Obverse, Athena and Herakles in a chariot Reverse, Dionysos and Ariadne with satyrs and Hermes
There appears to be a chiastic relationship between the subjects on this vase. The goddess Athena is escorting Herakles to Mount Olympos on one side. On the other, Ariadne, who was rescued by Dionysos after having been abandoned on the island of Naxos by Theseus, is being led off by her new suitor, his entourage, and Hermes.
Said to be from Vulci
Richter, Gisela M. A. 1913. "Department of Classical Art: The Accessions of 1912. Vases.." Bulletin of the Metropolitan Museum of Art, 8(7): p. 157.
McClees, Helen and Christine Alexander. 1933. The Daily Life of the Greeks and Romans: As Illustrated in the Classical Collections, 5th ed. p. 53, New York: The Metropolitan Museum of Art.
McClees, Helen and Christine Alexander. 1941. The Daily Life of the Greeks and Romans: As Illustrated in the Classical Collections, 5th ed. p. 53, New York: The Metropolitan Museum of Art.
Beazley, John D. 1942. Attic Red-figure Vase-painters. p. 948, Oxford: Clarendon Press.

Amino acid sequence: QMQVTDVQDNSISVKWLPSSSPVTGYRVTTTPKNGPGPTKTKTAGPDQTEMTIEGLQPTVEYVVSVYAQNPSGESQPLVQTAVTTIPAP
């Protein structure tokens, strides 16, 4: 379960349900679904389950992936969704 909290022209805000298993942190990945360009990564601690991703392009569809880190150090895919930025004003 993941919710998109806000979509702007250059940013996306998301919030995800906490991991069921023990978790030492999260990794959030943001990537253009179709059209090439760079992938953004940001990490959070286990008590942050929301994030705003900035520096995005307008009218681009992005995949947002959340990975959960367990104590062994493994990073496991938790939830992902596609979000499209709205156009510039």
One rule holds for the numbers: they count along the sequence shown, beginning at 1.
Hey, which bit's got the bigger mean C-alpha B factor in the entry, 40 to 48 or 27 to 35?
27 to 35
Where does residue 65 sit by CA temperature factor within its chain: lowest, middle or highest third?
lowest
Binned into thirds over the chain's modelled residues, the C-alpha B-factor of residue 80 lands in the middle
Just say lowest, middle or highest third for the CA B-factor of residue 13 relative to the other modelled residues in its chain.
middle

Richter, Gisela M. A. 1953. Handbook of the Greek Collection. pp. 61, 203, pl. 203e, Cambridge, Mass.: Harvard University Press.
Beazley, John D. 1956. Attic Black-figure Vase-painters. p. 258, no. 5, Oxford: Clarendon Press.
Beazley, John D. 1971. Paralipomena: Additions to Attic Black-Figure Vase-Painters and to Attic Red-Figure Vase-Painters [2nd edition]. p. 114, Oxford: Clarendon Press.
Lexicon Iconographicum Mythologiae Classicae (LIMC). 1984. Vol. 2: Aphrodisias-Athena. "Artemis," p. 718, no. 1257, pl. 549, Zürich: Artemis Verlag.
Lexicon Iconographicum Mythologiae Classicae (LIMC). 1990. Vol. 5: Herakles-Kenchrias. "Herakles," p. 176; "Hermes," p. 324, no. 445, Zürich: Artemis Verlag.
Mackay, Anne. 1996. "Time and Timelessness in the Traditions of Early Greek Oral Poetry and Archaic Vase-Painting." Voice into Text: Orality and Literacy in Ancient Greece, Mnemosyne Supplement: p. 44 n. 7.